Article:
Now Streaming: Bertrand Bonello's Cinematic House of Pleasures

Managing Editor; Dallas, Texas, US (@peteramartin)
Now Streaming: Bertrand Bonello's Cinematic House of Pleasures

Our own Dustin Chang reviewed The Beast, French director Bertrand Bonello's latest film, when it screened at the New York Film Festival last fall, and we reposted his review when the film opened for a theatrical engagement in New York a couple weeks ago, in which he described it as "perhaps the most ambitious, seductive film that Bonello has ever done, filled with ideas to the brim. It also features the career-best performance by [Lea] Seydoux. It's my frontrunner for the best film of the year."

Now that I've had a chance to see The Beast, I wanted to see the director's earlier films, so I could put it into context, as Dustin and our other reviewers have done. Bonello's early shorts and features, including Something Organic (1998), The Pornographer (2001), Tiresia (2003), and On War (2008), are not available to stream legally in the U.S., but four of his more recent features are now streaming.

House of Pleasure (2011)
Now streaming on The Criterion Channel.

Sad and melancholy, Bonello made a film about a house of prostitution in Paris around the turn of the 19th century that doesn't seduce as much as it horrifies with the thought of what these women felt and experienced that led them to believe that selling their bodies was the best path in life to follow.

Mostly, they are trapped within the brothel, living and working together with other women to eke out an existence defined by lazy rotters who paid them for their sexual favors. As Bonello himself has acknowledged, he tends to make films about small worlds within the larger world around them, and this serves as a good introduction to his aesthetic, as he plays around with space and time in the editing and disjoints the narrative in search of greater emotional effect.

Saint Laurent (2014)
Now streaming on Starz.

As a followup to the historical drama, Bonello says he intended to make the modern-day Nocturama next, but the financing came through for this biography, which is not a traditional biography. Set from 1967 to 1976, the film bounces back and forth during a peak period in Yves Saint Laurent's life.

In his review, Ben Croll found the film's superficial nature a bit wearisome: "We're told that the work is groundbreaking, but never given the reason why. Just that he drank a lot, screwed around and smoked like a chimney, and somewhere along the way designed these great clothes."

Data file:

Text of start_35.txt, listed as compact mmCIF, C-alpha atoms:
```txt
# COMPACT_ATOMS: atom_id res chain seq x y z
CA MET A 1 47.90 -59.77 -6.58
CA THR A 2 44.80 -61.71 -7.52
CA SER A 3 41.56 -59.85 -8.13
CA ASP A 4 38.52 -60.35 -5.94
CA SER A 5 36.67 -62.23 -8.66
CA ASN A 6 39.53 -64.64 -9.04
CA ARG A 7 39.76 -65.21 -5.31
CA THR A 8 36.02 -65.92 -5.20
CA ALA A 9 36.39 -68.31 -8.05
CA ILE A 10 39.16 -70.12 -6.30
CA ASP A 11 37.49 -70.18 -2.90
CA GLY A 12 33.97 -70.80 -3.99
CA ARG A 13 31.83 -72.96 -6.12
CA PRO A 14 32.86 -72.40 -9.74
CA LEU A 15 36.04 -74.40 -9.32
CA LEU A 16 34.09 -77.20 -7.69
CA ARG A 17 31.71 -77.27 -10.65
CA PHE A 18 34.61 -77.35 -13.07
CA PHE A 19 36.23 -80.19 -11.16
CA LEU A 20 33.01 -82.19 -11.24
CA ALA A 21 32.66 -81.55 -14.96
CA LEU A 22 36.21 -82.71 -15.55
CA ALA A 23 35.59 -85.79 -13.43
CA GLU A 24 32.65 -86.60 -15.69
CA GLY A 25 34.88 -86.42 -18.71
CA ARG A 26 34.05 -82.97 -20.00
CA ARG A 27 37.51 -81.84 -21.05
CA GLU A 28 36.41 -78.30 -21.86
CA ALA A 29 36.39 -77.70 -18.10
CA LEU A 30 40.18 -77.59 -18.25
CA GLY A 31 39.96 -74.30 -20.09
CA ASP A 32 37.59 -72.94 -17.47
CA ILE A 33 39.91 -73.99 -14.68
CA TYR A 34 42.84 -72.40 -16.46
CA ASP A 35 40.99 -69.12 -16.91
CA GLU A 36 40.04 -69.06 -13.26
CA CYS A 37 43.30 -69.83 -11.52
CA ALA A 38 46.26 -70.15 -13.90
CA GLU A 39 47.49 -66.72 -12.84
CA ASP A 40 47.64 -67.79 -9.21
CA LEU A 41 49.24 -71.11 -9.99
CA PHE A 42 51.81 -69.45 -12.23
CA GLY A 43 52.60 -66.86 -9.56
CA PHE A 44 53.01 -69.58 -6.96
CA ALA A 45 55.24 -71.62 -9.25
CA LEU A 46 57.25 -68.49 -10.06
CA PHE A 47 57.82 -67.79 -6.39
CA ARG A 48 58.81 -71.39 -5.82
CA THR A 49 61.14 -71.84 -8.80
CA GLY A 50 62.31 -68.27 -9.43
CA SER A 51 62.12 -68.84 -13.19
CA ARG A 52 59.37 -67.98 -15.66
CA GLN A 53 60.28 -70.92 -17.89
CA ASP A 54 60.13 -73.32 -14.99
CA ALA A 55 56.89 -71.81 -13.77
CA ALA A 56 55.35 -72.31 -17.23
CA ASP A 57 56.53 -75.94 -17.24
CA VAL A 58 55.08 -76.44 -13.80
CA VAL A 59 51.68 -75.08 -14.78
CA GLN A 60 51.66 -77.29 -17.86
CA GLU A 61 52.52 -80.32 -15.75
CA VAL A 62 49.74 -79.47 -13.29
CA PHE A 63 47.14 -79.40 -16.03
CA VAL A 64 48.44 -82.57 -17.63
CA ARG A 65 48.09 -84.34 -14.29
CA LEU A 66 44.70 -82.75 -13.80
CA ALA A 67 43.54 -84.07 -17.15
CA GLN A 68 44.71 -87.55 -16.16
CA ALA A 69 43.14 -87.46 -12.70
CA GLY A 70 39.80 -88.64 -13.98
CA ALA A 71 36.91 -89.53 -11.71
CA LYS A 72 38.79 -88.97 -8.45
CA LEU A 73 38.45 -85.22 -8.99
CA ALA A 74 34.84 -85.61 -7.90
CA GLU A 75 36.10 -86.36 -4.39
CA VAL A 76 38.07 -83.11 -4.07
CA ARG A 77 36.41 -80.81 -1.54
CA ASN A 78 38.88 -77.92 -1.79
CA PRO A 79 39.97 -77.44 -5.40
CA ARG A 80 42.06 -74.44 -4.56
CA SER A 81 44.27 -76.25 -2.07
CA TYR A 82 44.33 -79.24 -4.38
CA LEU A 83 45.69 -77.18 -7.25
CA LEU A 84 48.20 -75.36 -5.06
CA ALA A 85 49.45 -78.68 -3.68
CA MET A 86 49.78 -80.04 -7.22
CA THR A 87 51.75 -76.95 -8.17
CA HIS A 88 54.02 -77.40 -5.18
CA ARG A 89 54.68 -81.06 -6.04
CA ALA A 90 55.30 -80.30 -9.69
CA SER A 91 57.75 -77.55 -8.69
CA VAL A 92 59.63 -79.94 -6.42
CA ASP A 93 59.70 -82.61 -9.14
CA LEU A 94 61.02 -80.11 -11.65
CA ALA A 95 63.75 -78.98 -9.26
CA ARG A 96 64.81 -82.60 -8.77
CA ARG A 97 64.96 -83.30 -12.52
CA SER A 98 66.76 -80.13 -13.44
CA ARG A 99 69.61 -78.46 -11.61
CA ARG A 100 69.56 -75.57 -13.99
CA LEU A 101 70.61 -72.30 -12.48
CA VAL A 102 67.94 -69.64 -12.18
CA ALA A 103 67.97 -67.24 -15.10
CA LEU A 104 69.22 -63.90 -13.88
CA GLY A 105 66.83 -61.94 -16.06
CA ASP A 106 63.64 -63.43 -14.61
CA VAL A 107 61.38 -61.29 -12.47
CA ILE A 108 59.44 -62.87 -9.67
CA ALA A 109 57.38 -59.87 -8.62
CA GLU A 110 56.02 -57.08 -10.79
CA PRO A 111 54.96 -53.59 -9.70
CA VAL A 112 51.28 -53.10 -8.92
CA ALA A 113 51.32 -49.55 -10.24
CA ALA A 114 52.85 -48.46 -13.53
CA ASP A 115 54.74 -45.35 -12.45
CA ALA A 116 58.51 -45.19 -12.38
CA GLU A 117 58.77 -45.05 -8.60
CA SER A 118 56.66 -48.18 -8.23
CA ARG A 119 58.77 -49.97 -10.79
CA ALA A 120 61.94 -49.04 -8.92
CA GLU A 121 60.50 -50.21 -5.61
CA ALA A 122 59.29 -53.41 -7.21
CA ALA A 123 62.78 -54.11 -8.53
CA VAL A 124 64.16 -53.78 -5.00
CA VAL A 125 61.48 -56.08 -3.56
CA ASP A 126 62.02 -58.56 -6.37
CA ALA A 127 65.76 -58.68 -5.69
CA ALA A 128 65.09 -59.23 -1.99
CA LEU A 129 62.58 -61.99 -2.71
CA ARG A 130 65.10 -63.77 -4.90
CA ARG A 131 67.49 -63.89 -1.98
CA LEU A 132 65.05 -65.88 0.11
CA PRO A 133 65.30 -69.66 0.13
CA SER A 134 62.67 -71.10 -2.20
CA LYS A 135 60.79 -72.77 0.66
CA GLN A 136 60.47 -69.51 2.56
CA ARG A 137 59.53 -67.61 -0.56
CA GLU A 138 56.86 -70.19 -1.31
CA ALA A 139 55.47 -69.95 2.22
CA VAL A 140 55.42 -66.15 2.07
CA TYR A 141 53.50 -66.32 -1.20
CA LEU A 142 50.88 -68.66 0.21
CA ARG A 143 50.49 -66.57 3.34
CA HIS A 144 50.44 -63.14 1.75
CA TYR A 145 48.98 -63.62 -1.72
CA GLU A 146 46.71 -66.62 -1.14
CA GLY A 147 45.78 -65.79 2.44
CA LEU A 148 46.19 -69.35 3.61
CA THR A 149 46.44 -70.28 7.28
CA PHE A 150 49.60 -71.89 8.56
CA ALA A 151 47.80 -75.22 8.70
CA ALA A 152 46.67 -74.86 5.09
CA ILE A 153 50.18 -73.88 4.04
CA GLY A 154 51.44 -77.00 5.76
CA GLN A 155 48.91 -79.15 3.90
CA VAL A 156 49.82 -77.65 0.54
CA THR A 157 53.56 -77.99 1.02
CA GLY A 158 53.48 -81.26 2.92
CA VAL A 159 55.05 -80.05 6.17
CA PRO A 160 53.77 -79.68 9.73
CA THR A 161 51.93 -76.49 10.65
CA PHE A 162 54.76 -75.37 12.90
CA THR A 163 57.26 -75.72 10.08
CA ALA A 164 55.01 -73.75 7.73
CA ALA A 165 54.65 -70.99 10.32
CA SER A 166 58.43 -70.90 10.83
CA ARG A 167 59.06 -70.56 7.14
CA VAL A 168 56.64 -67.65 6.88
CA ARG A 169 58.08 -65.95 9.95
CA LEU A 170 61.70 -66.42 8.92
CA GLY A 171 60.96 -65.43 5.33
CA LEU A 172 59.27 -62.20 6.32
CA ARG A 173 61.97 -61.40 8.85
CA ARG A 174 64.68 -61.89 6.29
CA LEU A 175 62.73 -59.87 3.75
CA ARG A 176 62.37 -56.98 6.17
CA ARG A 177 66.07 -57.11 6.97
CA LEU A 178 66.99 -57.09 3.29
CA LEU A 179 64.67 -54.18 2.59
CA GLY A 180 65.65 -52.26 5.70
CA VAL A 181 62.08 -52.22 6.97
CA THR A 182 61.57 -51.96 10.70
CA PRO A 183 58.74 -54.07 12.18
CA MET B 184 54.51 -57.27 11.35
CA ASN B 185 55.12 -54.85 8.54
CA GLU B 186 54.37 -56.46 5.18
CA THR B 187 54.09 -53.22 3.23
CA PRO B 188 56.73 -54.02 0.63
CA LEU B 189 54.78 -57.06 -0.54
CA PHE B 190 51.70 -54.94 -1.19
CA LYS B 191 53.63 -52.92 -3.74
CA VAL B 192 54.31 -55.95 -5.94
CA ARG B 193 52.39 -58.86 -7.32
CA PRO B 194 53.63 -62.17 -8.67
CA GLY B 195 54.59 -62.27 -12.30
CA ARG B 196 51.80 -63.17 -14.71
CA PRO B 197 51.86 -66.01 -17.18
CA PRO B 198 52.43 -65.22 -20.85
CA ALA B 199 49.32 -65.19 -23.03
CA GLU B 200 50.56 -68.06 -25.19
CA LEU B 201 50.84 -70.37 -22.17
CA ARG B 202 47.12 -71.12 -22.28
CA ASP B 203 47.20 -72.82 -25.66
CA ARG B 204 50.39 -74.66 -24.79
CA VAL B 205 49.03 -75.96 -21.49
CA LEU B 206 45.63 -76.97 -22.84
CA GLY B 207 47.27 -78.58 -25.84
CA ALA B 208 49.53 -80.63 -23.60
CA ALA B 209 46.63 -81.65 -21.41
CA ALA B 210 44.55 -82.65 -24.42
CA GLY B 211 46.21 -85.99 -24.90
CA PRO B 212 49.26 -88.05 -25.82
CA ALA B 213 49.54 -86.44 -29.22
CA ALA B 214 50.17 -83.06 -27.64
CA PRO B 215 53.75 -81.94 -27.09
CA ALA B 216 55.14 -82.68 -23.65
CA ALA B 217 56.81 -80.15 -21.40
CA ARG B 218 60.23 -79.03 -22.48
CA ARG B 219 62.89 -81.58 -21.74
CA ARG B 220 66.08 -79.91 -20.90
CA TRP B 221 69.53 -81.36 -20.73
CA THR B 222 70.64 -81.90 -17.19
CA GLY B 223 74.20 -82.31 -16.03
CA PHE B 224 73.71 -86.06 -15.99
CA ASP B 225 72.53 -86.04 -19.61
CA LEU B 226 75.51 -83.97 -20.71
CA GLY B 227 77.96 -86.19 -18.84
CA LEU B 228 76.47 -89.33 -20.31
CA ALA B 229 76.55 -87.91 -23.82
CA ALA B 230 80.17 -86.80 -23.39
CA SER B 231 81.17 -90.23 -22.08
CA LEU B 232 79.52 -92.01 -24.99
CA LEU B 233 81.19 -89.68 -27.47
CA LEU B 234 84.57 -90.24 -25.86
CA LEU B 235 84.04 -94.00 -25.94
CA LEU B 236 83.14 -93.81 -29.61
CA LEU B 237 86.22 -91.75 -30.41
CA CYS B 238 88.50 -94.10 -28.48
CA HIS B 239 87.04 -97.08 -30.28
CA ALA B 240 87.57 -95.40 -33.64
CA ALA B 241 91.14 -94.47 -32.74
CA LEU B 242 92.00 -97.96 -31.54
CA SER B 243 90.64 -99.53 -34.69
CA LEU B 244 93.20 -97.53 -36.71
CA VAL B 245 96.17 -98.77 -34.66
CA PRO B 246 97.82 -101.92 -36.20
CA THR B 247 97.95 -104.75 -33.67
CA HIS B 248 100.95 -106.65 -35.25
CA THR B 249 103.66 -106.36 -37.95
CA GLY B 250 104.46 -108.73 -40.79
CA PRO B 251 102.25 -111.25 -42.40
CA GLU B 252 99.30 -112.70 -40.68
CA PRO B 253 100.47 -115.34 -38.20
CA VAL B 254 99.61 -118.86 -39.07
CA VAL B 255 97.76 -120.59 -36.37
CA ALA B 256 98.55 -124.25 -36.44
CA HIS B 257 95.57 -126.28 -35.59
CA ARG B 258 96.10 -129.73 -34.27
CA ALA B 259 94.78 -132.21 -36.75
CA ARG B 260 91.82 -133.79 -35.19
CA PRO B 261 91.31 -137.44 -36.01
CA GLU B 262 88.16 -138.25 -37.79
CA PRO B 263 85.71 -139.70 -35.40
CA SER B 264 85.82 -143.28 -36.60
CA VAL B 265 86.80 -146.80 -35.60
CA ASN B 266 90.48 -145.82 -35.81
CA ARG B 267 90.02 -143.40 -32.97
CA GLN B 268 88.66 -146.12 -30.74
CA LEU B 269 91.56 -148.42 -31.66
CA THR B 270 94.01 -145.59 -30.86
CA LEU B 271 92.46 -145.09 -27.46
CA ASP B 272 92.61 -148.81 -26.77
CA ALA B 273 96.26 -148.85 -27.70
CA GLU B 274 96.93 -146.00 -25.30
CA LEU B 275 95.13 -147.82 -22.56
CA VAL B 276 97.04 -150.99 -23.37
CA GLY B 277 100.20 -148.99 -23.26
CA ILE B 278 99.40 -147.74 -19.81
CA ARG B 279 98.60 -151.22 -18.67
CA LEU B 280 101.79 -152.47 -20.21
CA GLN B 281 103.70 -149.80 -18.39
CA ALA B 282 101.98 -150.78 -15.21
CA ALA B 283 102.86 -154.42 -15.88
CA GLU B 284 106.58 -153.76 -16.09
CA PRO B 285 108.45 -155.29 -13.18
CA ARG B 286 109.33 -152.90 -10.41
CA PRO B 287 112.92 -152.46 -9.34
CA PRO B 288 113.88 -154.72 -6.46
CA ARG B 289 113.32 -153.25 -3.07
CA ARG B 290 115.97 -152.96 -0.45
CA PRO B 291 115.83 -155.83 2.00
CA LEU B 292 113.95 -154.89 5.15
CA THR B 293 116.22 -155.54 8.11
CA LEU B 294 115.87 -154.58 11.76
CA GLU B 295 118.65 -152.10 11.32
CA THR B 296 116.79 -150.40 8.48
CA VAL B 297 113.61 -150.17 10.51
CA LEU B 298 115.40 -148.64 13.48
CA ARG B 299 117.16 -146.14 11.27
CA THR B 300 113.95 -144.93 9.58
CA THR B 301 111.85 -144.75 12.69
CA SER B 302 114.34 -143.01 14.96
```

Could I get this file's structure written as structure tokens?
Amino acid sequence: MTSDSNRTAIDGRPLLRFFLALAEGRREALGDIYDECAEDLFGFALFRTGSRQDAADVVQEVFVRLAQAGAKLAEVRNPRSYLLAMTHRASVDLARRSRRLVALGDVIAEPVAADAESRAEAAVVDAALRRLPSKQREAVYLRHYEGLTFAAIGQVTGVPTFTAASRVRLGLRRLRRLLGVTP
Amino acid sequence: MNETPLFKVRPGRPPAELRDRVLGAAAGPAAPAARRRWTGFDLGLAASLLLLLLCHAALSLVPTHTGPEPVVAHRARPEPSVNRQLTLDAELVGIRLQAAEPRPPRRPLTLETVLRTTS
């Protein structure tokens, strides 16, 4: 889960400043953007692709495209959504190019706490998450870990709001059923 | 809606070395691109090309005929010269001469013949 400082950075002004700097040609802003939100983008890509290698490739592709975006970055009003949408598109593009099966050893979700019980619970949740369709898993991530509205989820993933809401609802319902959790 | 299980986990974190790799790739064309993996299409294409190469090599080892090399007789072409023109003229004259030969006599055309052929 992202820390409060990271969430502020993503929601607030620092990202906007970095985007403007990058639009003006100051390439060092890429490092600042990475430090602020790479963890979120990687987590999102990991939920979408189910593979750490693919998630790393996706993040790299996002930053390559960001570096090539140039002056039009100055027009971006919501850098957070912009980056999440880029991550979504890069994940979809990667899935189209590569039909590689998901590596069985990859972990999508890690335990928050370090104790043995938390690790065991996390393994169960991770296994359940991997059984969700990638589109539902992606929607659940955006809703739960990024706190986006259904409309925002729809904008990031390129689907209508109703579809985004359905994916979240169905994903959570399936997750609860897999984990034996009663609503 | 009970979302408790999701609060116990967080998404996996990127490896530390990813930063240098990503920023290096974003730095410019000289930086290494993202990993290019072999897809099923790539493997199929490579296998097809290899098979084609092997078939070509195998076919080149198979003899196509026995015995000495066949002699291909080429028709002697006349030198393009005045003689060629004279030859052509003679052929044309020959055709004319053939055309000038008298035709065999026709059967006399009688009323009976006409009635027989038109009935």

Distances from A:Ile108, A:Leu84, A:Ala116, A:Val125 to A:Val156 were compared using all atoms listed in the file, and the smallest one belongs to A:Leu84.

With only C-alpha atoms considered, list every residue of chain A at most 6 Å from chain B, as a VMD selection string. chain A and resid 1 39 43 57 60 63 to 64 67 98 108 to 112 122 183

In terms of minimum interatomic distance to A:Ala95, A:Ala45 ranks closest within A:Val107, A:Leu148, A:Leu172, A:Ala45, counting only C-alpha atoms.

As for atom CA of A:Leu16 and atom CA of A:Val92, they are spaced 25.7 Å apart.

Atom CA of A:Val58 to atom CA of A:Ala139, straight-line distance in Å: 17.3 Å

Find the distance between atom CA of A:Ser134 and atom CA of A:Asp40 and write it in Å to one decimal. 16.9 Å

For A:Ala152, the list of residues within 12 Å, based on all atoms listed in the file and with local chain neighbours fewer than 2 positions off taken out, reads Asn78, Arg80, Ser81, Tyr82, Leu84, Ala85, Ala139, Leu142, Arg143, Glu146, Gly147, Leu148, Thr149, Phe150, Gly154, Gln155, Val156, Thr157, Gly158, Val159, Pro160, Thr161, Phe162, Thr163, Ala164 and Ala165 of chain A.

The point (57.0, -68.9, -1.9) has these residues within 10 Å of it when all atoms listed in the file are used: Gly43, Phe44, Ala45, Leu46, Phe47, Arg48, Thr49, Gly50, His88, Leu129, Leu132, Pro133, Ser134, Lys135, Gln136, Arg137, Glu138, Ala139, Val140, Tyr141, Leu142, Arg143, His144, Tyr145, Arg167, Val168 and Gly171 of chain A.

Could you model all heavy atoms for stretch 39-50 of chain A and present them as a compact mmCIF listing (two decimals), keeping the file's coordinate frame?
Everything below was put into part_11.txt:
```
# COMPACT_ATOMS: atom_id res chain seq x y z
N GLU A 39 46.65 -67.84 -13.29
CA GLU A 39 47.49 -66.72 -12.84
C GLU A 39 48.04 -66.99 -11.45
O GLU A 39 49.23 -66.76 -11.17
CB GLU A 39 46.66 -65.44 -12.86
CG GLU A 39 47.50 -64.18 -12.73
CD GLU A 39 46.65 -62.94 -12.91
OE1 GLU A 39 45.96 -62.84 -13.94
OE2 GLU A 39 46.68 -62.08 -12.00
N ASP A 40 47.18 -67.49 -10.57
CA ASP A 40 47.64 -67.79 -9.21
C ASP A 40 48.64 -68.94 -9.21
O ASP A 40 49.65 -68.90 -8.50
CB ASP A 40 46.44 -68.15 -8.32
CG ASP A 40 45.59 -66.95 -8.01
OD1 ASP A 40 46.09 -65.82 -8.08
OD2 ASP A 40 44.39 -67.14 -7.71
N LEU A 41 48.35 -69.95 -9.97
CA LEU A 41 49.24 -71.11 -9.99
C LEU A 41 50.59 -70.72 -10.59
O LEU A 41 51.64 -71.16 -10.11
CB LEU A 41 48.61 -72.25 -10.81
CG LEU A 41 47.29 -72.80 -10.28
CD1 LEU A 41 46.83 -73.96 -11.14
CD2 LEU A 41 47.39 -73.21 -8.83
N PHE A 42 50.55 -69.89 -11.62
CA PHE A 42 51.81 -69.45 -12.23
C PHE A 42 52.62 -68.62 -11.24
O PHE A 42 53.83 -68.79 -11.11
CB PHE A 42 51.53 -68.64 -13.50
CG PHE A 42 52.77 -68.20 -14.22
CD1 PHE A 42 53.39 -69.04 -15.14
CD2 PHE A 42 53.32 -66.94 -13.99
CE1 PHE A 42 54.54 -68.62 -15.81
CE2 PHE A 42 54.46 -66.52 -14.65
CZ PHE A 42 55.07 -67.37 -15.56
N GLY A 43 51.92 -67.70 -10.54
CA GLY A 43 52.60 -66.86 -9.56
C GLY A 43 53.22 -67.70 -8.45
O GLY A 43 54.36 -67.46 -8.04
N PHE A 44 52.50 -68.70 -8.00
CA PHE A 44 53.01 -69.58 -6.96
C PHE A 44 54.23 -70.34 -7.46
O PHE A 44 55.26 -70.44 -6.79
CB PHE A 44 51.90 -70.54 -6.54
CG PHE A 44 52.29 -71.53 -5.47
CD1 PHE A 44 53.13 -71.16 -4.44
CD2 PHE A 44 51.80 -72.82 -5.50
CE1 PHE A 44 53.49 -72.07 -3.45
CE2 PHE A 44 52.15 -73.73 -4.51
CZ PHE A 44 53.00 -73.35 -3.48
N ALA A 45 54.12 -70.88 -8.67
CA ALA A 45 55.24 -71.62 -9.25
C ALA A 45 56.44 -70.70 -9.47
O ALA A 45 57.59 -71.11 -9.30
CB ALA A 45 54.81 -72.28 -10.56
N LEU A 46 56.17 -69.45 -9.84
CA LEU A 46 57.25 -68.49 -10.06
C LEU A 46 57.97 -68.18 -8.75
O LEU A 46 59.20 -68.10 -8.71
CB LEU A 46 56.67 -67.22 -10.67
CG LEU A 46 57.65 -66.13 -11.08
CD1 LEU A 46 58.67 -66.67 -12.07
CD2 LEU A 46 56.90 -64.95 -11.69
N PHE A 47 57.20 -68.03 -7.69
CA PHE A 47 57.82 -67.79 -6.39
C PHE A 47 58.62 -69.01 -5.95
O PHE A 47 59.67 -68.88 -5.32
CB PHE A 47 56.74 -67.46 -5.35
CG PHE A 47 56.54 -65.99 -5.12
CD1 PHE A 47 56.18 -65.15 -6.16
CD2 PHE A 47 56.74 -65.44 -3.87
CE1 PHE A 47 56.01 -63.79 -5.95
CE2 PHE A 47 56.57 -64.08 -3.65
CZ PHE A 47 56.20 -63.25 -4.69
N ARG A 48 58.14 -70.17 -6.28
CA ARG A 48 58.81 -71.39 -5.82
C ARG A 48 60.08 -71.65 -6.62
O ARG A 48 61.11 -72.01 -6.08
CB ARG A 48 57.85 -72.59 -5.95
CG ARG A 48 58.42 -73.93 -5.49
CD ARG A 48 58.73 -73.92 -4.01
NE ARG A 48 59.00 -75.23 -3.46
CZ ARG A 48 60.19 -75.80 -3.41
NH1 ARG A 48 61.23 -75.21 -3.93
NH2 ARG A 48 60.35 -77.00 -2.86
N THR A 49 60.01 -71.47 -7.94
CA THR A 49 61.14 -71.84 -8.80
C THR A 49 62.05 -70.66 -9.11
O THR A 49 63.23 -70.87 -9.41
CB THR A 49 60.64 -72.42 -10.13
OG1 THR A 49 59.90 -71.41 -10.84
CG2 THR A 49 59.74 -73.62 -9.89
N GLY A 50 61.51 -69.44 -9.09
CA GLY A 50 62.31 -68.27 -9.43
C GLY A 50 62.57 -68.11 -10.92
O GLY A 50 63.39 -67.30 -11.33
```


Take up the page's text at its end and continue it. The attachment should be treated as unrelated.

(Read Ben's review in its entirety. It's quite a good read.)

Nocturama (2016)
Now streaming on The Criterion Channel.

I hesitate to describe this film beyond calling it a treatise on the anger of young people, which can be difficult to understand or explain. Some of the filmmaking choices are quite brilliant, yet it also plays -- to me -- as a visual apologia for terrorism, and certainly struck me often as repellant in the extreme.

(Read Dustin Chang's review in full, wherein he writes: "Bertrand Bonello's controversial cinematic stunt is all looks but little substance. If it's a parable of today's chaotic world, it's a weak one.")

The Criterion Channel is also streaming an interview with the director from 2020 about those two films, as well as his most recent (at the time), which made me curious to see it too, which led me to the following.

Zombie Child (2019)
Now streaming on Tubi.

The ad-supported service began its presentation with a 30-second ad for Arby's, a fast-food chain known for its beef sandwiches (presumably not human flesh). I watched only the first 15 minutes, until its first proper commercial break -- for auto insurance this time -- which broke the mood, of course. But it's there, and saved for further inspection. And it's free!

(Read Dustin Chang's review: "Zombi Child digs deeper into hasty Western appropriation of everything non-European, non-Anglo American culture. It disregards the cultural, historical, ethnographical significance of the origins of a zombie in exchange for sensationalism. Narcisse's journey back home is the more interesting story here.")

Bonello's films seem especially ill-suited for ad-supported streaming services, since the ones I've seen could all be termed mood pieces. They're films that are more absorbed with feelings and emotions than character developments or plot machinations.

As a person who is obsessed with details and logic, I enjoy more conventional films that exist in an ordered universe. Even more, though, I love films that sweep me away and capture my imagination and my heart.

Still, I respect films that throw logic and reason away and captivate me visually. Bertrand Bonello definitely has a gift for assembling images with a creative eye, and his films are worth exploring, to see whether his vision appeals to you or not.

Visit the official site for The Beast to see locations and showtimes.

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